The preponderance of severe blast injuries added a new layer of complexity to patient care. Patients injured by improvised explosive devices (IEDs) were subjected to multiple different injury forces, including the primary injury from blast overpressure (i.e., barotrauma), secondary injury from device fragmentation (i.e., penetrating injury), tertiary injury from individuals being thrown by the blast wave, and quaternary injuries from other effects such as thermal energy, hypoxia, collapsing buildings, and possibly electromagnetic pulse.10,11 These injury patterns often resulted in a widespread systemic inflammatory response further complicating recovery.11 Finally, the increased velocities used in modern military-grade weaponry inflicted cavitary soft-tissue and cranial injuries with a more extensive degree of end-organ damage.9 The mean Injury Severity Score for patients during OIF/OEF was 24.4, nearly 10 points above that which designates polytrauma.7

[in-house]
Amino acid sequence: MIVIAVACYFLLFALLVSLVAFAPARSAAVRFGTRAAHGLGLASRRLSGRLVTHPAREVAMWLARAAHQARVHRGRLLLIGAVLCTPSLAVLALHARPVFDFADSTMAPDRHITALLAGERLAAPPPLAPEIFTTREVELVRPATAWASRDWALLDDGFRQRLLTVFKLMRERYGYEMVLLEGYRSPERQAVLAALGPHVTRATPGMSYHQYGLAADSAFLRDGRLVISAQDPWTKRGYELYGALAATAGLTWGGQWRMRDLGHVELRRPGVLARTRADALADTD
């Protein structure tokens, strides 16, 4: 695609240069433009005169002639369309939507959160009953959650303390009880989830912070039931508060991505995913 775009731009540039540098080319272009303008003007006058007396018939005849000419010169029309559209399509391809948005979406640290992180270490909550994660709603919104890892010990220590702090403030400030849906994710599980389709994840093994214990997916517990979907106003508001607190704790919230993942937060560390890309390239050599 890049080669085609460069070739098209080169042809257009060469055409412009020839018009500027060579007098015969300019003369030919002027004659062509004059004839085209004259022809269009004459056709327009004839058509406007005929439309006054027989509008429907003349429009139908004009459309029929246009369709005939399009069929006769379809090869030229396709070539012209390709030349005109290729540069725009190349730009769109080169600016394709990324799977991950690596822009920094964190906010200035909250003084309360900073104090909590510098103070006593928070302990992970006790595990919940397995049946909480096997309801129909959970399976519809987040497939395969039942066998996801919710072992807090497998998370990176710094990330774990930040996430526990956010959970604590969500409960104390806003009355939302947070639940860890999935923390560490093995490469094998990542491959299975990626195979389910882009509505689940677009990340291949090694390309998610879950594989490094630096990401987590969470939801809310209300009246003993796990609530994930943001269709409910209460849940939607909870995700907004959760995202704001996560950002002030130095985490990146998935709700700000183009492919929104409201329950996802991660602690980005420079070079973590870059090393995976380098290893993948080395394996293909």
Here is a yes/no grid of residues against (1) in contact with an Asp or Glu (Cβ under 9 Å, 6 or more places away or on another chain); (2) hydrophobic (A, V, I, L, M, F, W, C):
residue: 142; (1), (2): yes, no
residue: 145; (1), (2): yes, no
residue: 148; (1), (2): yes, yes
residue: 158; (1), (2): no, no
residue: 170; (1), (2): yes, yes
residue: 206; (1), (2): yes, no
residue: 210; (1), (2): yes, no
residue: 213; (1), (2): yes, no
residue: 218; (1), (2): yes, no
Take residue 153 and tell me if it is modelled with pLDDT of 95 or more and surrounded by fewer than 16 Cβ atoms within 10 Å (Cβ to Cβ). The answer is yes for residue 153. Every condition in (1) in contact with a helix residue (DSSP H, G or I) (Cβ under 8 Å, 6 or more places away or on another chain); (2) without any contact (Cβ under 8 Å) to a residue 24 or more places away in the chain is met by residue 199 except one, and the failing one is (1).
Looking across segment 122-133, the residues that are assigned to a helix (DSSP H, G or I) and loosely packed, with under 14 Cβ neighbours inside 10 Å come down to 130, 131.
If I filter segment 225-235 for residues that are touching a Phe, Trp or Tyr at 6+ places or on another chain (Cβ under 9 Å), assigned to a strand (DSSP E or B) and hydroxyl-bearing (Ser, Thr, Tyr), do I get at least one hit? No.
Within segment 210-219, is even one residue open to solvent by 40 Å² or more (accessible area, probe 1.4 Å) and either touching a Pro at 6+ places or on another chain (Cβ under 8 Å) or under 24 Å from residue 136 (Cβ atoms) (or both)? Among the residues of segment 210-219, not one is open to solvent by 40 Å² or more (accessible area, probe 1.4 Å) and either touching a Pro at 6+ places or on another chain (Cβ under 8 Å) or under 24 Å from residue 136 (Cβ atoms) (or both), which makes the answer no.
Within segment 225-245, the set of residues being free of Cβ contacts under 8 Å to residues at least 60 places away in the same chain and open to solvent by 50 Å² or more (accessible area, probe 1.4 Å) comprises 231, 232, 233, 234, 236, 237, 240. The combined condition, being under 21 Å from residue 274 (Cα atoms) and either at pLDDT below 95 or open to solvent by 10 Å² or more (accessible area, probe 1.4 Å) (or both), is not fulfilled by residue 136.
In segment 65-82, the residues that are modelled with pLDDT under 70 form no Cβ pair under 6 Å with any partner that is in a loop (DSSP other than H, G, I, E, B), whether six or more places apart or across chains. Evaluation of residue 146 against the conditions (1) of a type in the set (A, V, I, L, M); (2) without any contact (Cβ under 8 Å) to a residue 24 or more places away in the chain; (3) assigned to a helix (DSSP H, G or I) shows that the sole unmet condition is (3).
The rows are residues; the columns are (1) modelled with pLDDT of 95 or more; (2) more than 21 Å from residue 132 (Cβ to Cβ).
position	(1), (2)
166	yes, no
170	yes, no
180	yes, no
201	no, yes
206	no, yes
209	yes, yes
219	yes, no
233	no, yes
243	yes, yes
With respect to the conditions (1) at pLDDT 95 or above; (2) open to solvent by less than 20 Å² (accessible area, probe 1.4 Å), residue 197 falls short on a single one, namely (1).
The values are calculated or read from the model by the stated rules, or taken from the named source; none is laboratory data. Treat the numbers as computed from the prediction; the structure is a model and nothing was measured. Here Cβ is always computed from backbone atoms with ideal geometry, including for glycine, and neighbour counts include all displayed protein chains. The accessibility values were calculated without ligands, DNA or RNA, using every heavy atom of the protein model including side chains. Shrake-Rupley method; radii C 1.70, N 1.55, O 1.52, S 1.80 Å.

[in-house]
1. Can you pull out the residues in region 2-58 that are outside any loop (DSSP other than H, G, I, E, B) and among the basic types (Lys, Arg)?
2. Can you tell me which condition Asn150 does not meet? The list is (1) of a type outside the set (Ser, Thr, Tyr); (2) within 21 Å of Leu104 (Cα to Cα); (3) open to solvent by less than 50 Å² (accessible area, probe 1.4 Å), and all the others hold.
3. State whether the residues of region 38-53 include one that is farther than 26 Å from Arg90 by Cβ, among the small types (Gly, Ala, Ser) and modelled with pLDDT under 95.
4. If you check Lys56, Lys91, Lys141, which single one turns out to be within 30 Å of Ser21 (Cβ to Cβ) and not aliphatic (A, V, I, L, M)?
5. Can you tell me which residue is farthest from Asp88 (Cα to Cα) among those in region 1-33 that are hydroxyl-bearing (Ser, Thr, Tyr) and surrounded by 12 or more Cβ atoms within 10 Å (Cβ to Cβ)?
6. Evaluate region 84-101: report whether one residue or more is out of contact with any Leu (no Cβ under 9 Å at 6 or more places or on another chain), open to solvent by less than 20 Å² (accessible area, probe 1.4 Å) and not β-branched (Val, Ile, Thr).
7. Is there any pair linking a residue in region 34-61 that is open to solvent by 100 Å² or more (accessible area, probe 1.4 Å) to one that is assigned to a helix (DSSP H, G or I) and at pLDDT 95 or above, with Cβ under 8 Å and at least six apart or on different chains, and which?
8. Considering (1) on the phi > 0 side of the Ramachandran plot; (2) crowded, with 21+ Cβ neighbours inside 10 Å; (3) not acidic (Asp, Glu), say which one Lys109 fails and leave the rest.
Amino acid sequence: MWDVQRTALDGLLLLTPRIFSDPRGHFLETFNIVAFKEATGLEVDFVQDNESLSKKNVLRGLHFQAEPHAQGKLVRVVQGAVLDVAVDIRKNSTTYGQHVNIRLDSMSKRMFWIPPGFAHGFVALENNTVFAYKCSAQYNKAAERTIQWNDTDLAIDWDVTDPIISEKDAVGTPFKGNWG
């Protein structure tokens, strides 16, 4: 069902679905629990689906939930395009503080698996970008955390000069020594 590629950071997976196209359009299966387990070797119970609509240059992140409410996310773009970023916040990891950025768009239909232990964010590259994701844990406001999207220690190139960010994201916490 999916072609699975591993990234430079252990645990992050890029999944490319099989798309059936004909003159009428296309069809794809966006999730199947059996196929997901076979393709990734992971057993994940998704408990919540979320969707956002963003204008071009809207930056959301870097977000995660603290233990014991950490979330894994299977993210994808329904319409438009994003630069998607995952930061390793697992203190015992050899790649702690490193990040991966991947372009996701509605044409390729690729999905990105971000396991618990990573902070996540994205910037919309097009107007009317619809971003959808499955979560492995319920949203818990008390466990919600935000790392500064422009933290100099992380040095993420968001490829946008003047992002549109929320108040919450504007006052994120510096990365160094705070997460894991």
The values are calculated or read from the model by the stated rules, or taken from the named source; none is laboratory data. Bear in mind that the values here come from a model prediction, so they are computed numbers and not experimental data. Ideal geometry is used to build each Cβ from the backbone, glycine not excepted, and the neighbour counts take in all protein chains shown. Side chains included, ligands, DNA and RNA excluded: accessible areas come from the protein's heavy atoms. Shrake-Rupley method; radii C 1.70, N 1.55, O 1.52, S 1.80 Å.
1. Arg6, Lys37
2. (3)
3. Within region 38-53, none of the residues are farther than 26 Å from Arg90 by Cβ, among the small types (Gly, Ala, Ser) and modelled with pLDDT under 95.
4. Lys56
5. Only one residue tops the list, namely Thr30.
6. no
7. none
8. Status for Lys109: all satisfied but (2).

Military improvements in protective armor, medical evacuation, and early "far-forward" advanced neurosurgical treatment allowed military personnel to survive injuries that would have previously been fatal.9 Aggressive ground and aeromedical evacuation policies and overwhelming air superiority allowed for the rapid evacuation of patients from the point of injury to centrally stationed hospitals with surgical subspecialists. Transport time from the battlefield to a neurosurgeon in an Echelon III medical facility decreased to 1 hour with these strategies.9 On arrival to the combat support hospital (CSH), the soldier could be immediately assessed by a specialist, undergo CT to delineate injury severity, receive lifesaving treatment, and be held for up to 72 hours to achieve stabilization prior to evacuation to a higher echelon of care. Despite these successes, it rapidly became apparent that the care of these critically ill patients required further refinement of team structure and neurosurgical workflow.